How Businesses Can Capitalize on Social Movements

Rawpixel/iStock/GettyImages

As a small-business owner, it's in your nature to please everyone who comes through your door. Therefore, it can be a little scary to take a political stance and risk alienating some customers. However, in today's day and age, showing support for social movements can actually prove to be a beneficial competitive strategy. Brands large and small, from Los Angeles to New York, have even designed products that allow them to capitalize on social movements, and you should consider this collective behavior in your own decision making.

Is it right for your brand to also choose a side? As with all business decisions, you'll want to do a little research first. If you're a conservative in a very liberal area (or vice versa), you might run the risk of a boycott if you tell everyone about your beliefs. That's not to say that your beliefs are inherently right or wrong, but that capitalizing on a social movement might not be practical or comfortable for every situation.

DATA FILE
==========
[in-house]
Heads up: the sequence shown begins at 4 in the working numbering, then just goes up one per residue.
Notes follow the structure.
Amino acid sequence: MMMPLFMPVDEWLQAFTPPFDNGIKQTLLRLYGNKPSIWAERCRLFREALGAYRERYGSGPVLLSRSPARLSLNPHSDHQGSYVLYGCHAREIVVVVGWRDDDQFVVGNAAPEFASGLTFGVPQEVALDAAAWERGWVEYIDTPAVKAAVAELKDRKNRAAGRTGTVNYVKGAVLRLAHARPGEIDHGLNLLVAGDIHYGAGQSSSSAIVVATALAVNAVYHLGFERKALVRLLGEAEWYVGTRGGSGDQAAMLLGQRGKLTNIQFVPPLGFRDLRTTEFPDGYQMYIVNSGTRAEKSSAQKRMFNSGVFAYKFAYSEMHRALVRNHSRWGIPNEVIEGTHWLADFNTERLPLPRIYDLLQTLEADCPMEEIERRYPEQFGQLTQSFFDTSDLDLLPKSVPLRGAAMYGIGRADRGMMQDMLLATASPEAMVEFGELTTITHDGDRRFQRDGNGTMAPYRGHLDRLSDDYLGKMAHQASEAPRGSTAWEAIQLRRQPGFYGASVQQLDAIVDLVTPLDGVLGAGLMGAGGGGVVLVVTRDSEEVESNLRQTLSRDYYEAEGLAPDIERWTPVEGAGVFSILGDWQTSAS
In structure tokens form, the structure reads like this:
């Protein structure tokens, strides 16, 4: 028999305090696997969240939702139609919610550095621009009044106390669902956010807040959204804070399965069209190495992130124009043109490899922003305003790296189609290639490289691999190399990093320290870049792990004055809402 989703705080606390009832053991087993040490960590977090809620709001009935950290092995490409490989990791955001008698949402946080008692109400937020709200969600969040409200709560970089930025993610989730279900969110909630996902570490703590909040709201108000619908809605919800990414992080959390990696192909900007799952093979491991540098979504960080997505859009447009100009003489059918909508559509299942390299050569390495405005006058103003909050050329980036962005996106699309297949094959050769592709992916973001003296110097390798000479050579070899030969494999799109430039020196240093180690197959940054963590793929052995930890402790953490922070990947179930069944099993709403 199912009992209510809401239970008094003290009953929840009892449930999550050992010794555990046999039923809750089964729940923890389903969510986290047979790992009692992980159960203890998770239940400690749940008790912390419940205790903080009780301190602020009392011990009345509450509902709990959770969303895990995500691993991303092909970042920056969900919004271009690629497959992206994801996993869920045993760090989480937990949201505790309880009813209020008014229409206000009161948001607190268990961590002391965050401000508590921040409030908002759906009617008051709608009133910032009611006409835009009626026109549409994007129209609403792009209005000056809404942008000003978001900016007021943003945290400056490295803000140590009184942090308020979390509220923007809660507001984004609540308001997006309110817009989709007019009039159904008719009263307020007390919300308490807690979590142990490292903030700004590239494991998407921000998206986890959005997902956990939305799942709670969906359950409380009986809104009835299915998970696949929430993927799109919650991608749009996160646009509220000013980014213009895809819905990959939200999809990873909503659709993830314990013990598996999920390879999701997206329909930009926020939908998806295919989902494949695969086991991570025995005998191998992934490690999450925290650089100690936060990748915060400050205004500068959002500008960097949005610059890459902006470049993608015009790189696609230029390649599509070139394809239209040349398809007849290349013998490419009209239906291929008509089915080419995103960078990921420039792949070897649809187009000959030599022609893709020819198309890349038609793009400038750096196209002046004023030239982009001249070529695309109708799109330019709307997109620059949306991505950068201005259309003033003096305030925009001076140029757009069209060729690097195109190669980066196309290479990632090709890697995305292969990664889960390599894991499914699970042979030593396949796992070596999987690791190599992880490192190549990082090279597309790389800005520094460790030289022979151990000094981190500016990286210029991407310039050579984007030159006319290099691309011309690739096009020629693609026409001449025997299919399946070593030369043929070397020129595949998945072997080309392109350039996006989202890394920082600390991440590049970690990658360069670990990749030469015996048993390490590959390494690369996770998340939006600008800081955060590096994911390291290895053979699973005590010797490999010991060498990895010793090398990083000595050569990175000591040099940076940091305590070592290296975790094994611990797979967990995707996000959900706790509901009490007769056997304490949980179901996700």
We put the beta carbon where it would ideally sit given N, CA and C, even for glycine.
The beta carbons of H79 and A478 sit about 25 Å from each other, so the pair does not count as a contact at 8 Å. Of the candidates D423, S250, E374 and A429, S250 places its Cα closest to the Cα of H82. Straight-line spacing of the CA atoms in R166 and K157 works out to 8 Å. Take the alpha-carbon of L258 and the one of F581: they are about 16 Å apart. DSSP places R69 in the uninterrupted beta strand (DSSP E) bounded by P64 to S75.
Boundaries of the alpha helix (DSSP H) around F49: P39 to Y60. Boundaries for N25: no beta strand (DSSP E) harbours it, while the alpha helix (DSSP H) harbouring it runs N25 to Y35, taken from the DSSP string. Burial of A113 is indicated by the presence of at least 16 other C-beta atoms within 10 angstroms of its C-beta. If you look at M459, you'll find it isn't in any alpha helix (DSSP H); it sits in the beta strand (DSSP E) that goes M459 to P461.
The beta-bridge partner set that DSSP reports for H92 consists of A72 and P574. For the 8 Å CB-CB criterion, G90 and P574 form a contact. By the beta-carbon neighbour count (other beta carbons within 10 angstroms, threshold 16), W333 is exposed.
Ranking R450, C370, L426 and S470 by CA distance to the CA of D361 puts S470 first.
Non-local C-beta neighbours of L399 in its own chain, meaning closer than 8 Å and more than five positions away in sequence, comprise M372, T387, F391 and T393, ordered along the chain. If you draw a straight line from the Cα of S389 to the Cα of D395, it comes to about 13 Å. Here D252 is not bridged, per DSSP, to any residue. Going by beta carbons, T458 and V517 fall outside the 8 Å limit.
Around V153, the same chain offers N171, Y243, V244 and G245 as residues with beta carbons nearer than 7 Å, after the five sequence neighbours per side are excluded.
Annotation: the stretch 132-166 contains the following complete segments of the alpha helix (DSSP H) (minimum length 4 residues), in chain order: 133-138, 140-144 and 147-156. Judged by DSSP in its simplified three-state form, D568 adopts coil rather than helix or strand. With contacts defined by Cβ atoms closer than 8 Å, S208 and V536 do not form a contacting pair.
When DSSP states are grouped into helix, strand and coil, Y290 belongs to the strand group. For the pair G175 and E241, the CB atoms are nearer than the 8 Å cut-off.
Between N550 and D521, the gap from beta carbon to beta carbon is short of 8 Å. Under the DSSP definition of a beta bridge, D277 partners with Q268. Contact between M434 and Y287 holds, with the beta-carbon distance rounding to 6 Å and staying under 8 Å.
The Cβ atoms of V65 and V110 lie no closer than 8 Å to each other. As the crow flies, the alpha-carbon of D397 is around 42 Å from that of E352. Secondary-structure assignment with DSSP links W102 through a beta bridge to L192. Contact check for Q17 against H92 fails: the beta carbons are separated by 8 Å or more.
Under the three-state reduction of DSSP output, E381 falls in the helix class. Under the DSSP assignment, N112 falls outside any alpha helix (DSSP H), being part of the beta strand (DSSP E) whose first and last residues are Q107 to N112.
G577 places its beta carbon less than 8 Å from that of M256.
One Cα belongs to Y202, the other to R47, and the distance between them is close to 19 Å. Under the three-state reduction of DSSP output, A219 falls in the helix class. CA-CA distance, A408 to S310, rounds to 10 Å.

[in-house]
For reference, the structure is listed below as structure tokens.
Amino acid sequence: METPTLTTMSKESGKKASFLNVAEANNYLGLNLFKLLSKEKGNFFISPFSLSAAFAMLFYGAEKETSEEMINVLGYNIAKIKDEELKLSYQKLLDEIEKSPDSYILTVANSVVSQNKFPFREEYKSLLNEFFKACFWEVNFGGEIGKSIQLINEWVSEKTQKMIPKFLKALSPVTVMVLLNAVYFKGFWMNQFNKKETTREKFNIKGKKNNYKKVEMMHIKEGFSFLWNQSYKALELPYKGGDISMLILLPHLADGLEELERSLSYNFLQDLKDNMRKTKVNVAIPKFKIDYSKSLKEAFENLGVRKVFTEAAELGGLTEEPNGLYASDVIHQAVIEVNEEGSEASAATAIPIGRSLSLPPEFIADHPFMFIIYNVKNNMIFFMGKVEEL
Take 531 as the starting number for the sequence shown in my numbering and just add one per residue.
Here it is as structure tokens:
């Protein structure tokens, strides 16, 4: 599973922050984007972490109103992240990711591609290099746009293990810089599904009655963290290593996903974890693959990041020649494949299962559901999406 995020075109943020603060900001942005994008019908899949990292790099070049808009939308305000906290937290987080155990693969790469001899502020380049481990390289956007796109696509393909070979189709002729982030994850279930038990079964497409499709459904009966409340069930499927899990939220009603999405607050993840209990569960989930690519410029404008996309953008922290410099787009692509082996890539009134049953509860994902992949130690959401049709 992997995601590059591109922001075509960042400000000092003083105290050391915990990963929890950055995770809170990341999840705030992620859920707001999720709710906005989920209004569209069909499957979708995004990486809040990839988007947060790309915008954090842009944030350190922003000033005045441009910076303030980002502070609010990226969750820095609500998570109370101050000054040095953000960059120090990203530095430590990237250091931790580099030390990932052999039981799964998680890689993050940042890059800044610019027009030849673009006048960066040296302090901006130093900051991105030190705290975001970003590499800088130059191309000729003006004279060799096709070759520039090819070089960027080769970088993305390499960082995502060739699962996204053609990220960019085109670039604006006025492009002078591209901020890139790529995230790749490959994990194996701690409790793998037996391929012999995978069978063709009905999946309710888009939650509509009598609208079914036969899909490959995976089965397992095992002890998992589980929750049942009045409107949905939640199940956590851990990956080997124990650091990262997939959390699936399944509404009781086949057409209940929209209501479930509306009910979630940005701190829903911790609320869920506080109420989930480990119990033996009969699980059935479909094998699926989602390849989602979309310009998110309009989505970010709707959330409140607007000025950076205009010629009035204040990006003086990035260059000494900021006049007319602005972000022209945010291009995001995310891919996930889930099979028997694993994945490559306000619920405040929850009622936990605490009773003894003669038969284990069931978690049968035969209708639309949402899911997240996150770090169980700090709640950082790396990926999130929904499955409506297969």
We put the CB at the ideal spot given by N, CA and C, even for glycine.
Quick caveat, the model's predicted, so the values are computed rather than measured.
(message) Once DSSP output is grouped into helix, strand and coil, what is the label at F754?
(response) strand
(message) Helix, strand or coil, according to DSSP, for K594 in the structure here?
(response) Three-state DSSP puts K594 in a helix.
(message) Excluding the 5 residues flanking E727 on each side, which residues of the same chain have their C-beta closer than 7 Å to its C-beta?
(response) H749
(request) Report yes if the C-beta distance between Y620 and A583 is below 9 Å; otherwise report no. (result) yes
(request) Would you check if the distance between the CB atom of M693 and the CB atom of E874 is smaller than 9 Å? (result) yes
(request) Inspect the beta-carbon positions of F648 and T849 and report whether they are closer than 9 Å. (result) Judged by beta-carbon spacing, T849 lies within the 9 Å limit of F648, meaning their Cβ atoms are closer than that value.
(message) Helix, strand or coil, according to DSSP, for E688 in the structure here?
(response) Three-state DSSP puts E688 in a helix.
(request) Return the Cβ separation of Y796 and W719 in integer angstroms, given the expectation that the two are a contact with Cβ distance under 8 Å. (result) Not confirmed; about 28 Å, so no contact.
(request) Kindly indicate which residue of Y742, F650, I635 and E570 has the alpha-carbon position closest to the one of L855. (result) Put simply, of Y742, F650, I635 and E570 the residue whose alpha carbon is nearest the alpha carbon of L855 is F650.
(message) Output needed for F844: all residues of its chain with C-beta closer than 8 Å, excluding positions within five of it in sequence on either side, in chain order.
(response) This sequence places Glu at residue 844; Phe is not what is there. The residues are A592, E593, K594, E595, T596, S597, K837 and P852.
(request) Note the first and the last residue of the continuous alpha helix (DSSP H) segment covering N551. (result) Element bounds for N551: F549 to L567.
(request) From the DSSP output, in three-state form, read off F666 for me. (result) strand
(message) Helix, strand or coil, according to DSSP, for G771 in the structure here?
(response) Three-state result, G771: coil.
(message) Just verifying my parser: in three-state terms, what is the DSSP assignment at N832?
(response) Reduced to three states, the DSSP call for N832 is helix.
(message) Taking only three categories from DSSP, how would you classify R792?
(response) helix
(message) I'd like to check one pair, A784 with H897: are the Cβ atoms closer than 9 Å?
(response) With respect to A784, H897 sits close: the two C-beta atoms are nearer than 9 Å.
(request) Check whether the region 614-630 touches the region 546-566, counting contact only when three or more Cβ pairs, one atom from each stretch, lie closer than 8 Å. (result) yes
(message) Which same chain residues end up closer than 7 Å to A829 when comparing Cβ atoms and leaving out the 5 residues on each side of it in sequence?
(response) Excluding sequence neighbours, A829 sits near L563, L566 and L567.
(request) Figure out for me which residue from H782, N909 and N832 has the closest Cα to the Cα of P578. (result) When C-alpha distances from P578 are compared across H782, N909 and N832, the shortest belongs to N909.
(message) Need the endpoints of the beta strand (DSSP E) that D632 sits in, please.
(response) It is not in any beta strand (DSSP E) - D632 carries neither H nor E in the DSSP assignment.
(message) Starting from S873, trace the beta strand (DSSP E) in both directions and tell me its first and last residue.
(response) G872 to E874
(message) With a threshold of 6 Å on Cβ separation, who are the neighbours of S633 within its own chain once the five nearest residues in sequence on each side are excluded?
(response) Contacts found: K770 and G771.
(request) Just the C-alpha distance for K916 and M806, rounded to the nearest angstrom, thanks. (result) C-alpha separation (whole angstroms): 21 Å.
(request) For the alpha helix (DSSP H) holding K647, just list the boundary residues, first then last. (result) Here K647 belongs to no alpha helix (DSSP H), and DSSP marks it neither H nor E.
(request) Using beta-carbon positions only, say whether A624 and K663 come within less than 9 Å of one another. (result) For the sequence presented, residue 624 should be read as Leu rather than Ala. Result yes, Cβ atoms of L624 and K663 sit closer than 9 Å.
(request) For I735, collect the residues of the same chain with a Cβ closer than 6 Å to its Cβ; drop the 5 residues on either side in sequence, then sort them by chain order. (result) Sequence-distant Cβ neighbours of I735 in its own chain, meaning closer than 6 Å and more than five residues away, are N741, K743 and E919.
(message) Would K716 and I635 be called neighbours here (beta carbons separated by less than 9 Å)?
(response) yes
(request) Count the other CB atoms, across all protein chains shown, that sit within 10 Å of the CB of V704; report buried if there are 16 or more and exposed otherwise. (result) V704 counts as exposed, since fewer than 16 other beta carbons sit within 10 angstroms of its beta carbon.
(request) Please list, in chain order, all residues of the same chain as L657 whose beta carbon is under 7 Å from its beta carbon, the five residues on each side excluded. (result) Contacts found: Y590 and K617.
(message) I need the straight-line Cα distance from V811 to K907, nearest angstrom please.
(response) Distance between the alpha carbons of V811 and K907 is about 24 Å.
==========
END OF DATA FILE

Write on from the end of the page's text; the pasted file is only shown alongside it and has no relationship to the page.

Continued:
Examples of Current Social Movements

Social movements inherently fall on the more democratic side of the political spectrum. Whereas more conservative political parties tend to strive to keep things the way they are, the point of a social movement is to enact social change and to disrupt the status quo. Some political opportunities do envelop social movements within them, however: for example, Barack Obama's campaign for change that awakened many politically-dormant, unsatisfied Americans.

However, there are worthwhile causes that resonate with people who take a more conservative approach, and the polarized political system may or may not be your best bet to position your business on. Depending on your business and context, political power has a funny habit of holding grudges.

Types of social movements include human rights or civil rights movements like Black Lives Matter, the gay rights movement and women's rights movements. Political stances can turn into full-blown movements, such as the Occupy Wall Street movement, the Medicare for All movement or numerous peace movements, and current events can spark new social movements as well. In addition, causes like Mothers Against Drunk Driving, animal welfare and climate change or the broader environmental movement are also important to be aware of as a business owner.